I walked 150 high altitude miles of Bhutan's Himalayas in October, through snow, rain, mud, glacial moraine, yak stampedes, over high passes, and saw some of the most beautiful remote landscape in the world. What did I come home with? Pictures of doors and windows and dzongs and children. In this isolated part of the world where buildings are white washed mud and stone, the doors and windows are splashed with color.
Know what the most common response was when I said I was going to walk Bhutan?
You guessed it -- "Where is Bhutan?"
Well, it's a small Buddhist Himalaya kingdom bounded by Tibet on the north and India on the other three sides. The geography is so difficult Bhutan was never conquered or colonized. Mountain climbing was not allowed. Tourists visas were difficult to obtain. Smoking is not allowed. By law, 60% of the country must be covered by forest. Until not long ago, Bhutan was essentially a medieval agrarian society. Most of the people probably didn't know about "us" until television and Internet was allowed in 1999. And so the culture remained fairly pure.
In the 1980's His Majesty King Jigme Singye Wangchuk introduced his goal and philosophy for the country: Gross National Happiness (GNH). Success measured by the people's happiness, not the gross national product, or shopping, or material acquisition.
He envisioned bringing the country into modernity based on Four Pillars - economic growth and development, preservation of their cultural heritage, preservation of the environment, and good governance based on integrity, efficiency, accountability and transparency.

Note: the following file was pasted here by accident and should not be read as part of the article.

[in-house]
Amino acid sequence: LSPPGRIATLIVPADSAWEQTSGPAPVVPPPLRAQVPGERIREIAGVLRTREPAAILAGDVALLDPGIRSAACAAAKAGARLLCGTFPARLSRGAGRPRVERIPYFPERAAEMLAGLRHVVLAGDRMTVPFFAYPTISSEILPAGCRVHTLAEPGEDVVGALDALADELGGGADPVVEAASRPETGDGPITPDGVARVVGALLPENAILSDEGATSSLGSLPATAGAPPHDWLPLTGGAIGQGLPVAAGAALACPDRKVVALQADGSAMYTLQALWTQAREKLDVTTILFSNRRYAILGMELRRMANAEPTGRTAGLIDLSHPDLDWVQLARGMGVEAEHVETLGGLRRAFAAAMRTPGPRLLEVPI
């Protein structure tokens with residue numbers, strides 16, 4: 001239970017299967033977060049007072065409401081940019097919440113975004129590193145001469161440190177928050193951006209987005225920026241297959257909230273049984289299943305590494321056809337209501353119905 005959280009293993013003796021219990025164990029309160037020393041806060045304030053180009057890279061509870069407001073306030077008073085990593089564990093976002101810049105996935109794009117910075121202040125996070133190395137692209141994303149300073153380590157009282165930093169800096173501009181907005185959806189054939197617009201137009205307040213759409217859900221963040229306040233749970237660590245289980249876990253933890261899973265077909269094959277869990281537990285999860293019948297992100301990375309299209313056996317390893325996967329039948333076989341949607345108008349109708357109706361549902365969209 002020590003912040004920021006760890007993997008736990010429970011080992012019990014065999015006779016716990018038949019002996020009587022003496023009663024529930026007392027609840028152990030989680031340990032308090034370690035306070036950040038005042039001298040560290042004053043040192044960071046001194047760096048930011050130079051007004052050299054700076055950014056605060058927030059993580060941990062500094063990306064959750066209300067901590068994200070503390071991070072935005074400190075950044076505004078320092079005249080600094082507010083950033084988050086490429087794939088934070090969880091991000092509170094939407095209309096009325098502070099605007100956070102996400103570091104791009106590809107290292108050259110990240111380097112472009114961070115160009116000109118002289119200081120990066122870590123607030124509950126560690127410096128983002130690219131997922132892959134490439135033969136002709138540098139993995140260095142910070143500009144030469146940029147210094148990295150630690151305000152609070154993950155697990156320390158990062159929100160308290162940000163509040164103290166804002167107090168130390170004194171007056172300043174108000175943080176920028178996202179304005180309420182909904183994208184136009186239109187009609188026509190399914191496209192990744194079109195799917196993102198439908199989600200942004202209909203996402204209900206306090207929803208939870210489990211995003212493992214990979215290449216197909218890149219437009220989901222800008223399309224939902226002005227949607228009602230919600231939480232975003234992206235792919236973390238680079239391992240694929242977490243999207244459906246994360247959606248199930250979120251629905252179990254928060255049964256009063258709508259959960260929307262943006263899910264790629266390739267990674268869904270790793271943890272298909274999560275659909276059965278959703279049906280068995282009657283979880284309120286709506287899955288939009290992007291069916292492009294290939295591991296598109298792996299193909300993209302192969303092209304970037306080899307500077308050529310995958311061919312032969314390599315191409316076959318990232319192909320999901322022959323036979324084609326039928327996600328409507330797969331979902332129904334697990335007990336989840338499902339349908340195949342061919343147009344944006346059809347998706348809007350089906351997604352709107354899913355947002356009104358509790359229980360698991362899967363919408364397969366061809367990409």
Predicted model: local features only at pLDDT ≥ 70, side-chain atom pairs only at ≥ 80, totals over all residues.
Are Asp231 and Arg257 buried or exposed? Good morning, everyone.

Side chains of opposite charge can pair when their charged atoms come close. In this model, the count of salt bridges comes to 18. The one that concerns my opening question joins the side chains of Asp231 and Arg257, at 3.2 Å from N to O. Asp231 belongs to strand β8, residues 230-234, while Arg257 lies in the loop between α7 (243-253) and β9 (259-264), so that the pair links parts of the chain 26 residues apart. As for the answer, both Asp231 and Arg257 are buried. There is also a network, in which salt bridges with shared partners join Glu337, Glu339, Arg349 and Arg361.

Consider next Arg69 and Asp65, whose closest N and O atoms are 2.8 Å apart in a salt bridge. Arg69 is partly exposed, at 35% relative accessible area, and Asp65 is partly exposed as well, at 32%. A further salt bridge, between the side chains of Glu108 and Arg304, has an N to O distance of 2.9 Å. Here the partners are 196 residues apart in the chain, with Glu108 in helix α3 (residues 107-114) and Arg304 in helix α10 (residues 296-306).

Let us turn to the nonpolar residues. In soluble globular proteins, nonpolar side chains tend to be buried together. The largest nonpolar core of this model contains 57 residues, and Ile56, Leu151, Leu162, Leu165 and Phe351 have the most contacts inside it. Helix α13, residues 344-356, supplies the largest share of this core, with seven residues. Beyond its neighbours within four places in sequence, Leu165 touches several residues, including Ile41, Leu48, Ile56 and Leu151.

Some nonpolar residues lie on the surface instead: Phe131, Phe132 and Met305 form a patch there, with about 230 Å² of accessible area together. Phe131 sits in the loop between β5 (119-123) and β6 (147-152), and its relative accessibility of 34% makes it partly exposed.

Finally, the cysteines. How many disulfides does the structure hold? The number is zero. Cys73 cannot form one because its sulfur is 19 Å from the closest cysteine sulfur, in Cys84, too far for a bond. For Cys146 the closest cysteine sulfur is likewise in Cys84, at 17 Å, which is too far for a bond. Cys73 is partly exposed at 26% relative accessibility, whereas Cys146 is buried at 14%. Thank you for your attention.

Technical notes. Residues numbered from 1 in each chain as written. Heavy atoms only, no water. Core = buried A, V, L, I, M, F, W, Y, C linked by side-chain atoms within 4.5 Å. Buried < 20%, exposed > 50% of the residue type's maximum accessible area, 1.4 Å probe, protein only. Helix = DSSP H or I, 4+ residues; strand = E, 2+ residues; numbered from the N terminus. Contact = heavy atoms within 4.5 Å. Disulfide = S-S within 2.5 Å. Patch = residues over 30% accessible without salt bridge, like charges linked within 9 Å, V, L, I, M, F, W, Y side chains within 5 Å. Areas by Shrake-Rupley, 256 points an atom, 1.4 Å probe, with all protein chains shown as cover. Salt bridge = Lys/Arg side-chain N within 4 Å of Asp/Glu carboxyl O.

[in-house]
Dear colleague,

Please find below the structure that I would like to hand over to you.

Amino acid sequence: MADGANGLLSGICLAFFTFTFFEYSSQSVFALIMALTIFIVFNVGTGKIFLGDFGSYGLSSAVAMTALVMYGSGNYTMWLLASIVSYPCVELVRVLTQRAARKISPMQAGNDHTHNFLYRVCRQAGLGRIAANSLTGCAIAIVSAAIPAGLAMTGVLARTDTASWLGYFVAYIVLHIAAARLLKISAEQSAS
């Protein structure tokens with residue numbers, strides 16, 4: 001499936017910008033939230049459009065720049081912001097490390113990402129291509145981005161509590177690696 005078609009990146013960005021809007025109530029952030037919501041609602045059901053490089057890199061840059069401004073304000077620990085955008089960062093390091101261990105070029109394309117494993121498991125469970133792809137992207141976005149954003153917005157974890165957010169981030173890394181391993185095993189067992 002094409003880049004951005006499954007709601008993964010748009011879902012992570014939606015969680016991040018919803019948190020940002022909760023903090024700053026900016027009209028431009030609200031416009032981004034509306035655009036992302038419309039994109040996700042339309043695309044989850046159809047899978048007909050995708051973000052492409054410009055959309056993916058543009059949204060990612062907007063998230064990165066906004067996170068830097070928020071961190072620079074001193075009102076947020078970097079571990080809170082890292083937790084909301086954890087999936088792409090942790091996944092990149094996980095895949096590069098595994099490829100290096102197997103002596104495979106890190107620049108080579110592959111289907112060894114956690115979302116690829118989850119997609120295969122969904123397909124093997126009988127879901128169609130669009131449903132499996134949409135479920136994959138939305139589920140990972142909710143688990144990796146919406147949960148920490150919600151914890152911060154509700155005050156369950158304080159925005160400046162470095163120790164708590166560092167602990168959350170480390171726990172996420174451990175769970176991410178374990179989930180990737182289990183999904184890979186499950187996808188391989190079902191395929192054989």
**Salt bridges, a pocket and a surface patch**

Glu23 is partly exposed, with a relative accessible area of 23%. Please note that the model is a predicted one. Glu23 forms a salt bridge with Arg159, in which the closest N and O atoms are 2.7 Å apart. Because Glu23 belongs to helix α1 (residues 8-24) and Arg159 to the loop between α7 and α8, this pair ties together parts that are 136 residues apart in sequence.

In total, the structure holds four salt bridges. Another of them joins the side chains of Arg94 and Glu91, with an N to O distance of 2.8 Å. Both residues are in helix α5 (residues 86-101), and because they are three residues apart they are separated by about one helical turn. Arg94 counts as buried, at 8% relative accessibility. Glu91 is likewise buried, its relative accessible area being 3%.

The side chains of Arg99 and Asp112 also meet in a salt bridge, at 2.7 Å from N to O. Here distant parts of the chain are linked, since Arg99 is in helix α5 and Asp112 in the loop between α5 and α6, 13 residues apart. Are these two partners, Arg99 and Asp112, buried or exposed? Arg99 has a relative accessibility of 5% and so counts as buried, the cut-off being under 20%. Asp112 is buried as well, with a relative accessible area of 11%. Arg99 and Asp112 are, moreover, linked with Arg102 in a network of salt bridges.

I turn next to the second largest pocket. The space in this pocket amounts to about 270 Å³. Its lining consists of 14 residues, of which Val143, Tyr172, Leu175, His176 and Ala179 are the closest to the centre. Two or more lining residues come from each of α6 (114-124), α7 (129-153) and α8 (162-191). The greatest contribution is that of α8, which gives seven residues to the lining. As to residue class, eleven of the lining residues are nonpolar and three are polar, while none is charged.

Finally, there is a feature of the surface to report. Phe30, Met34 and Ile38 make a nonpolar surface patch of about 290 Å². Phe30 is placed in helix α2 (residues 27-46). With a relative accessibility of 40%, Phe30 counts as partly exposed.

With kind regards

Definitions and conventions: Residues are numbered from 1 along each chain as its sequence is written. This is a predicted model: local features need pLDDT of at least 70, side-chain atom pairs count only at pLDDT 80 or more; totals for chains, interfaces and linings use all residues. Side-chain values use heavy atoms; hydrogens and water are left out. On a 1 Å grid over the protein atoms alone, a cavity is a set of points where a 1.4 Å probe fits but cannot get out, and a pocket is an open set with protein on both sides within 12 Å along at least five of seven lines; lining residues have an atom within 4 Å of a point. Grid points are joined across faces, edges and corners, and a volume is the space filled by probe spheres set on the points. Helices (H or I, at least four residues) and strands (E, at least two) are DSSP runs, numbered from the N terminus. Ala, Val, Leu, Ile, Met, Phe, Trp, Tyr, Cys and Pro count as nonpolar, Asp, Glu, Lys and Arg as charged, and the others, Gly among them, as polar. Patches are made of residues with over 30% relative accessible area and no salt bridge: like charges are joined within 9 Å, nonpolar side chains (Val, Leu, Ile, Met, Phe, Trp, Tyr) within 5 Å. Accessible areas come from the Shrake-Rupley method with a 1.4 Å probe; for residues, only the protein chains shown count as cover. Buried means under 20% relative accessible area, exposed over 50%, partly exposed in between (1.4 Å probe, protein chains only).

In December 2006, the king abdicated to his son, Jigme Khesar Namgeyl Wangchuk, 26 years old, Oxford educated, and single - the world's youngest head of state who is supervising the transition to a democracy with a constitutional monarchy. A few weeks ago, elections were held for the upper parliament. The oldest elected parliamentarian is 45 years old, and most are in their 20's and 30's.
The next elections in March will form the lower parliament, and Bhutan will be on its way to a westernized democracy with a goal of happiness for its people.
Sound like Shangri-La?
At the end of January, about two weeks ago and a few days after the March elections were announced, the country experienced a series of bomb blasts believed set off by Nepali militants. It seems that in the early '90's, the Bhutan authorities, in a type of ethnic cleansing, stripped citizenship from Hindu Bhutanese who were Nepalese in origin. About 100,000 fled or were forced to leave the country. Most crossed the border to Nepal and still live in refugee camps. An agreement between Nepal and the US last year to resettle 60,000 Bhutan refugees in the United States created more conflict with those who believed they should be allowed to return to Bhutan. The conditions have been fertile ground for Maoists and communist groups to foment militantism in the camps and the bombings appear related to disrupting the elections.
Are you asking yourself, is that what I think it is?
Yes, two large, hairy penises. In Bhutan the penis is a symbol of good luck, and they are everywhere. It is not unusual to come across a guest house or restaurant, like this one in an idyllic 13,000' village, and be welcomed by twin dicks. Or to go to the village spring and have to collect water out of a penis shaped pipe.
The doors of Bhutan are opening. Wishes for Good Luck and Happiness to them as they let us into their world.